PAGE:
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Hikers battling Parkinson's to tackle Pacific Crest Trail

SPOKANE -- Bill Meyer has always loved the Pacific Crest Trail. He has hiked it for years. His diagnosis with Parkinson’s disease in 2009, however, threatened to cut one of the great loves from his life. 

SPOKANE -- Out on the trail is where Bill Meyer feels most alive – the Pacific Crest trail, in particular. It's where he honeymooned with his wife Nadean.

“We used to say this marriage is starting on rocky footing,” chuckles Bill.

That was 43 years ago, and the two have been side-by-side on their journey ever since.

Nothing, though, could prepare them for the news that came seven years ago.

“At first, it was like hitting a wall,” said Bill, now 63. “I didn't know what I was up against.”

Bill was diagnosed with an aggressive form of Parkinson's disease. So aggressive, doctors installed a pacemaker-like device inside his body that sends electrical charges to his brain to keep his tremors at bay.

When he shuts it off it takes only about three seconds for his arms to start shaking uncontrollably.

“I can't stop it. That's the way my whole day would be.” he said.

It would be easy for Bill to give up, since there is no cure for Parkinson's, but he's defying the disease, and inspiring others to do the same.

Bill and four other people with Parkinson's are embarking on a 72 mile, nine day hike across the Pacific Crest Trail. They’ll hike from Stevens Pass to Snoqualmie Pass August 20 -28. They’ll bring a support team that includes a doctor and two pack mules.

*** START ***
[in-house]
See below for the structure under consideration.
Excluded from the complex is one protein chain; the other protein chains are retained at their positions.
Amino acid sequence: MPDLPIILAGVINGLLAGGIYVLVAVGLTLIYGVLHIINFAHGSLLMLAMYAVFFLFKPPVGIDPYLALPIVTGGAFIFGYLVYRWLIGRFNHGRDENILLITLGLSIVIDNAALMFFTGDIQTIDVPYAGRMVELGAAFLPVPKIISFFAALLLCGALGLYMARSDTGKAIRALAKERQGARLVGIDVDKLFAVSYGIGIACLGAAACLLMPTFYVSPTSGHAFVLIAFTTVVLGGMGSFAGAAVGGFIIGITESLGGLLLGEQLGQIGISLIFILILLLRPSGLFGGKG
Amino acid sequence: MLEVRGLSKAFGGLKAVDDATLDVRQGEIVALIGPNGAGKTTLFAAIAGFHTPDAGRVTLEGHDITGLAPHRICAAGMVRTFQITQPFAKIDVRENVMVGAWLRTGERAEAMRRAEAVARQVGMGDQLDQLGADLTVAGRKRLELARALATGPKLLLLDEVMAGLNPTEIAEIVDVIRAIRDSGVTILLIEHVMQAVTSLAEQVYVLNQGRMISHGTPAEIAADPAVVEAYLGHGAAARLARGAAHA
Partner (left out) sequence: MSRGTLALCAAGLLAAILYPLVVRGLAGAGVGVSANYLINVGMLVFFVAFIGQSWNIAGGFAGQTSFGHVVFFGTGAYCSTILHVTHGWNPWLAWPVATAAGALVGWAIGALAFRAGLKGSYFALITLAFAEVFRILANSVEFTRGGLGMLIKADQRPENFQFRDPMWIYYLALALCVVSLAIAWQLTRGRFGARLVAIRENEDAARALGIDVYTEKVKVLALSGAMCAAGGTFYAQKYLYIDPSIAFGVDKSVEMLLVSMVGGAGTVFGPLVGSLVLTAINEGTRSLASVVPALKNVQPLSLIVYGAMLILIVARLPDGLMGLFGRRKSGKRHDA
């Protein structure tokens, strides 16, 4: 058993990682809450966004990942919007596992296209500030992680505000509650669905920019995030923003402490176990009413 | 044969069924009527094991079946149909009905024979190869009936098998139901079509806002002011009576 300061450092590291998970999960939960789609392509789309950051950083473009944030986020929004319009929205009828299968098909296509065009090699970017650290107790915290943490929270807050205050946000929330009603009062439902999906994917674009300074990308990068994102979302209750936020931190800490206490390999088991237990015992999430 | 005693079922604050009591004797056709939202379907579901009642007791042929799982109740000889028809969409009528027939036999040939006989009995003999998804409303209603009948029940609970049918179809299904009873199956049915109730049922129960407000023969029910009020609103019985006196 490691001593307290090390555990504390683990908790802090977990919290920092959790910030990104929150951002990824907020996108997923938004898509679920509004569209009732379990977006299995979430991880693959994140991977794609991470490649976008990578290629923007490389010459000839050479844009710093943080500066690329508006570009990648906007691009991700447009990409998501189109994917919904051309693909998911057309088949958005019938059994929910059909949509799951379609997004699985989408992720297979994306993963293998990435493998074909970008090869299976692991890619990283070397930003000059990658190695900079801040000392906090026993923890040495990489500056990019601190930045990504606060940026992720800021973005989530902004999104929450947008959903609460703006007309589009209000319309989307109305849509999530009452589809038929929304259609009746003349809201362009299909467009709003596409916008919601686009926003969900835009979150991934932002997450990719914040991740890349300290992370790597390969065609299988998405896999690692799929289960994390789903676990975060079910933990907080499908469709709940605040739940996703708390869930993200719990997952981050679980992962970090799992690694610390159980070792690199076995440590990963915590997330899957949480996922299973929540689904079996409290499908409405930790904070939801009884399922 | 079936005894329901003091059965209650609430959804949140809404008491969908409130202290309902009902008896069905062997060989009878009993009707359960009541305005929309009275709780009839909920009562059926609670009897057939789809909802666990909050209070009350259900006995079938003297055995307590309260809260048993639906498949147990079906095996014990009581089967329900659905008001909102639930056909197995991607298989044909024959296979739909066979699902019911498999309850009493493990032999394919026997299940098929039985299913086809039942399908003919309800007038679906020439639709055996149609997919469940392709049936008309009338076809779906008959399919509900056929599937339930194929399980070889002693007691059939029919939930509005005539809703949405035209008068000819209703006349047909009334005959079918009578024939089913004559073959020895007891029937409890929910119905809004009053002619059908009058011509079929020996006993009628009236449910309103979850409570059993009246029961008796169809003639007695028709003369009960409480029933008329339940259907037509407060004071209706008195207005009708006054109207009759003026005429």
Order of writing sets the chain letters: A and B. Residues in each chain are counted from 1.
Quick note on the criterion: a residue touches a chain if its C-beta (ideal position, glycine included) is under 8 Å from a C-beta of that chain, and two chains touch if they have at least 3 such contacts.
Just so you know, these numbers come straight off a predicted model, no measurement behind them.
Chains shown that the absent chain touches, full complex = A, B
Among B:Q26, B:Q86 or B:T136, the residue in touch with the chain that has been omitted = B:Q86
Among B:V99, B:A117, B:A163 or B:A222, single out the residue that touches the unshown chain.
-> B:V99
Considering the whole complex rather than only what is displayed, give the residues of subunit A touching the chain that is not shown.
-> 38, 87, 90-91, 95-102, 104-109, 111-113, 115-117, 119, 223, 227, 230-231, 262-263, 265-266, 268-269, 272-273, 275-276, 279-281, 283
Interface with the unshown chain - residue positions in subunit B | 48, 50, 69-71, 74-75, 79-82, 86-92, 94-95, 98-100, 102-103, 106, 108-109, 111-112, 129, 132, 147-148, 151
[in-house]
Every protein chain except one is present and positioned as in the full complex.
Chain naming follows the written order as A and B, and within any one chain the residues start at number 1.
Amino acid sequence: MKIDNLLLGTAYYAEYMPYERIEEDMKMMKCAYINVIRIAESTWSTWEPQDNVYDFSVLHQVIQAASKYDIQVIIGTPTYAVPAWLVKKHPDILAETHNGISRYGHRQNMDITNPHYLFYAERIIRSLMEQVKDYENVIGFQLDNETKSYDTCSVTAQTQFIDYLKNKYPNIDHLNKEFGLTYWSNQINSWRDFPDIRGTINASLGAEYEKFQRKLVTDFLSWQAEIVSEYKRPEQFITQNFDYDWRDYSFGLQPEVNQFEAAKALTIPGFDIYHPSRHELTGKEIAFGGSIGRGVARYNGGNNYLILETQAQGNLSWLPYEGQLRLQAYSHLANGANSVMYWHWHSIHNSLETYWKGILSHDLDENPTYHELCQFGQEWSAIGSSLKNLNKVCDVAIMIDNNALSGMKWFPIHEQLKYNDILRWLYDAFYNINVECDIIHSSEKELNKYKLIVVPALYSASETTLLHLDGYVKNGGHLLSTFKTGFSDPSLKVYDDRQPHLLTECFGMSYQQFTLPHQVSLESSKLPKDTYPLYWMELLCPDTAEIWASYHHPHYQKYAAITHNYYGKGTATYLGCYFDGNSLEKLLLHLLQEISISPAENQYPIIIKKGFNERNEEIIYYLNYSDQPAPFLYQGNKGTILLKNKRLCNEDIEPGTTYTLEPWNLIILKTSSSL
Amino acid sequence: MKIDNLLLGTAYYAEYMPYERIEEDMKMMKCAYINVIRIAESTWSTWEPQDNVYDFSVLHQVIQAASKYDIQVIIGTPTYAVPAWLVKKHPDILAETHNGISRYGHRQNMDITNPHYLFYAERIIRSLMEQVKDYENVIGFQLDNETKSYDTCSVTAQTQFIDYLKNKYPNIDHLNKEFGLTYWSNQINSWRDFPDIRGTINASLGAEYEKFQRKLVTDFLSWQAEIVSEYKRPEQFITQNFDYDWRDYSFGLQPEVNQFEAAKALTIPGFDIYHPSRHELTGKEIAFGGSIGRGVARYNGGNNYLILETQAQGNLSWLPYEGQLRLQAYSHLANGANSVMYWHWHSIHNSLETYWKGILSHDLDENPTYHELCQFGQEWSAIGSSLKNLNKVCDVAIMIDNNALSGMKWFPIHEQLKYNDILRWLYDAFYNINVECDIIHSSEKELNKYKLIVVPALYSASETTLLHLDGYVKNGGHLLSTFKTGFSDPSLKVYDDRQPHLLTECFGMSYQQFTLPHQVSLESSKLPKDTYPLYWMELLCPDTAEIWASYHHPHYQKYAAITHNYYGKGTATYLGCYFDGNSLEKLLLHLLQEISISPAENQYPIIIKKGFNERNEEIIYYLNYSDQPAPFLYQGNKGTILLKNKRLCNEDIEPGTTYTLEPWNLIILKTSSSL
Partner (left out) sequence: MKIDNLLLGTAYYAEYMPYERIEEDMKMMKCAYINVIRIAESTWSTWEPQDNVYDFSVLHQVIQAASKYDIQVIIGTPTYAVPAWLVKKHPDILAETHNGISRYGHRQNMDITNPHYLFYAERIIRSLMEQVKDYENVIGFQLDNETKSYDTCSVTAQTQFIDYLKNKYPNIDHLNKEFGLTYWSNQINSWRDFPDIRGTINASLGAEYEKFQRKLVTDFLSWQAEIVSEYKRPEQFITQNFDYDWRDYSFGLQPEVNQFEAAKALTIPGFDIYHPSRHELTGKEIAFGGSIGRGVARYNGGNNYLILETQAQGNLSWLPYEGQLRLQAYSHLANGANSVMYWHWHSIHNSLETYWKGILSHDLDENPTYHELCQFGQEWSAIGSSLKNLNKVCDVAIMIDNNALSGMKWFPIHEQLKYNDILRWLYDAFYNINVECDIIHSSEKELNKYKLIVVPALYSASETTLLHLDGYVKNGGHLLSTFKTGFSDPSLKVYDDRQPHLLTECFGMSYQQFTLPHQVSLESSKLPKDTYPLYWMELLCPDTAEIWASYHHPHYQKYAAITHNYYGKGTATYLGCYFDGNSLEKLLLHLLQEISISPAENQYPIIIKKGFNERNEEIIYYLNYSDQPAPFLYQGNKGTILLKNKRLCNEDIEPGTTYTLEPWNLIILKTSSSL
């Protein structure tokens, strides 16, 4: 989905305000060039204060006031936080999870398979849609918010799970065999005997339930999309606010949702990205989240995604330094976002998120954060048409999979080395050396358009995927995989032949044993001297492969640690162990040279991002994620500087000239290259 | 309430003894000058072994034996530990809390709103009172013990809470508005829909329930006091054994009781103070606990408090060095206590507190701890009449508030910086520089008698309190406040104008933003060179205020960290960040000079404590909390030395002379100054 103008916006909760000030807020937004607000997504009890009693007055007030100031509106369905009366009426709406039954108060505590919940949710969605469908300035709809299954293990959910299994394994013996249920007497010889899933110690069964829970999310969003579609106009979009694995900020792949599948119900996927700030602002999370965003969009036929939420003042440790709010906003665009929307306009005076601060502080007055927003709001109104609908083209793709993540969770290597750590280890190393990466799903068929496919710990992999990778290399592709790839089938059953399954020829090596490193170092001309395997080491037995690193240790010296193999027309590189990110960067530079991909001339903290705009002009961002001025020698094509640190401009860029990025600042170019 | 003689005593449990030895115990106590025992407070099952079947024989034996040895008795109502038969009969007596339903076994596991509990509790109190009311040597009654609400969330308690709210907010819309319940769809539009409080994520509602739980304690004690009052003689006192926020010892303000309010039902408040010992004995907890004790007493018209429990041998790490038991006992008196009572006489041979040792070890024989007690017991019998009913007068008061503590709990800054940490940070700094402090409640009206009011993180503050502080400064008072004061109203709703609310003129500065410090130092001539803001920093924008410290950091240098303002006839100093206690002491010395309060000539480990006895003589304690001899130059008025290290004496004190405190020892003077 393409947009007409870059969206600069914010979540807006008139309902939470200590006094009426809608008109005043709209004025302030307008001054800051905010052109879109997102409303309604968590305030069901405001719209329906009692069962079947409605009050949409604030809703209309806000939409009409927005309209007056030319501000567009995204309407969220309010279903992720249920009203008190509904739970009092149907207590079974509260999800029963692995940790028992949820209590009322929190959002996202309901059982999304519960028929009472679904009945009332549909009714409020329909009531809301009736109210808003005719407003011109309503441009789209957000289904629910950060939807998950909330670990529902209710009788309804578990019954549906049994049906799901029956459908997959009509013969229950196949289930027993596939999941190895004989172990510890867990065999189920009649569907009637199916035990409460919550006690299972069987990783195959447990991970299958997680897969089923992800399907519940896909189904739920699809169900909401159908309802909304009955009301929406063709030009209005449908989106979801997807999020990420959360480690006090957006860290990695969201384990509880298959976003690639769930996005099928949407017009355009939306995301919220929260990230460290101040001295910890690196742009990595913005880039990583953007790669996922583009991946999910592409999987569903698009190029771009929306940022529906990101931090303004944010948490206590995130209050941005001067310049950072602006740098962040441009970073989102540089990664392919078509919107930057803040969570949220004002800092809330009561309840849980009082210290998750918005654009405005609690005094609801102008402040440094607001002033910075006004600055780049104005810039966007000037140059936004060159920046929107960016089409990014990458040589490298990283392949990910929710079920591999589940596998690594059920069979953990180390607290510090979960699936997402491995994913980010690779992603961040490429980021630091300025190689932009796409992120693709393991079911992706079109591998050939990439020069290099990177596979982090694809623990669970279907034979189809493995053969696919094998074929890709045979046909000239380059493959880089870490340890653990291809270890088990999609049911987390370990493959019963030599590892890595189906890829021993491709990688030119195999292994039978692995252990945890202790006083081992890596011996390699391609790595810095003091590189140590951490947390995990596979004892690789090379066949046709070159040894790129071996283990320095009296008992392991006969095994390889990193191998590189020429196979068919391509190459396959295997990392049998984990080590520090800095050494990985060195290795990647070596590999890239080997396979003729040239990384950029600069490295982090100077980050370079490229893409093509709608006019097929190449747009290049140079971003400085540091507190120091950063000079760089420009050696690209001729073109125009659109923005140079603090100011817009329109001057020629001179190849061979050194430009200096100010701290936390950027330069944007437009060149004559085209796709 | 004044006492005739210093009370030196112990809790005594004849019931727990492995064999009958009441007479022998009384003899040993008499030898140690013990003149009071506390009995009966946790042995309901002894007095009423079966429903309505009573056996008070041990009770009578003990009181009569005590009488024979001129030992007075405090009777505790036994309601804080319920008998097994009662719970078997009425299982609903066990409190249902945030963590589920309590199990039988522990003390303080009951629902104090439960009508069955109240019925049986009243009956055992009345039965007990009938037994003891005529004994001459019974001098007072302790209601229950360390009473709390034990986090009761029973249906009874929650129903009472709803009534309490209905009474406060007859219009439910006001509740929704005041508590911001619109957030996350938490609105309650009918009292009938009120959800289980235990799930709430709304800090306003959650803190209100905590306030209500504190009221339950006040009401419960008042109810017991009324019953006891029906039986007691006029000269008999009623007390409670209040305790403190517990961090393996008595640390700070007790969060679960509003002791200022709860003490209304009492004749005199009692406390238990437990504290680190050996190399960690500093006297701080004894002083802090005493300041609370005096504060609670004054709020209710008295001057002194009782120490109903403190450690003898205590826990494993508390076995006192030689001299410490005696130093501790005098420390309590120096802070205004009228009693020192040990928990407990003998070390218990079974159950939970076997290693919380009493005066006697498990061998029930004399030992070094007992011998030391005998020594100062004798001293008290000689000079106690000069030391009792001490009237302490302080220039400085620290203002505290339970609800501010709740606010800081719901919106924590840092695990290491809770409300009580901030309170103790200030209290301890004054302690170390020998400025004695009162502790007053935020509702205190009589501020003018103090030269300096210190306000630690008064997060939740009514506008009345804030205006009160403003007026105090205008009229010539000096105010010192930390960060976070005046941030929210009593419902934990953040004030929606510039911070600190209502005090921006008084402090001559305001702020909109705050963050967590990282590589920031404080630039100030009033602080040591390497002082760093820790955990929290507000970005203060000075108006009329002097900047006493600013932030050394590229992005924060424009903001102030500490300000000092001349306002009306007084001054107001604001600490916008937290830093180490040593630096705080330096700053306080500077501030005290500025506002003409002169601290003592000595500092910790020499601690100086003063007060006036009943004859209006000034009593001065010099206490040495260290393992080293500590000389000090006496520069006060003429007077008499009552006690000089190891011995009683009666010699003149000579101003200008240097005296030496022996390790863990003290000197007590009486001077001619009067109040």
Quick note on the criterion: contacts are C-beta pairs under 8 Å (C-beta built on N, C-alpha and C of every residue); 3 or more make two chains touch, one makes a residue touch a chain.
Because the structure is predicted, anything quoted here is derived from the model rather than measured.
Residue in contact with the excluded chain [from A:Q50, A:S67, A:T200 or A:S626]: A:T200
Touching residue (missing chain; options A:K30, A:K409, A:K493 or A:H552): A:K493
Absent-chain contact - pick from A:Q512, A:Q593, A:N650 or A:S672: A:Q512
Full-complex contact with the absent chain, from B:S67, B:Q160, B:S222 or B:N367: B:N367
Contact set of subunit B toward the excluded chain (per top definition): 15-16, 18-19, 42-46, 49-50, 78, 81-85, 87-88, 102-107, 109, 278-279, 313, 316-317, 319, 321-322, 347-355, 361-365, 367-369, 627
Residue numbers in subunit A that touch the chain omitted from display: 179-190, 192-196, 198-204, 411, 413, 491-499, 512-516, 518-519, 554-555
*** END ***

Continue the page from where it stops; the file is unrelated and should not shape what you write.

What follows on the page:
The team, called Pass to Pass, is doing it all to raise money and awareness for Parkinson's research, as well as to show people how important exercise is in slowing the disease's advancement.

For fellow Parkinson's sufferer Ken Kisch, the physical challenges of the trek foster a mindset that is critical in combating the disease's ruthlessness.

“I'm trying to prove to myself that I don't have Parkinson's,” he said. “That sounds silly, but that's one of the ways to beat it. They say fake it ‘til you make it. I'm gonna fake it until I don't have Parkinson's.”

For Bill Meyer, it's about meeting the next challenge head on, no matter how steep that climb may be.

“Parkinson's isn't a death sentence,” said Meyer. “It's a new chapter in life and the journey that we're all taking.”

To find out more about the mission, and to donate, visit passtopass.org.

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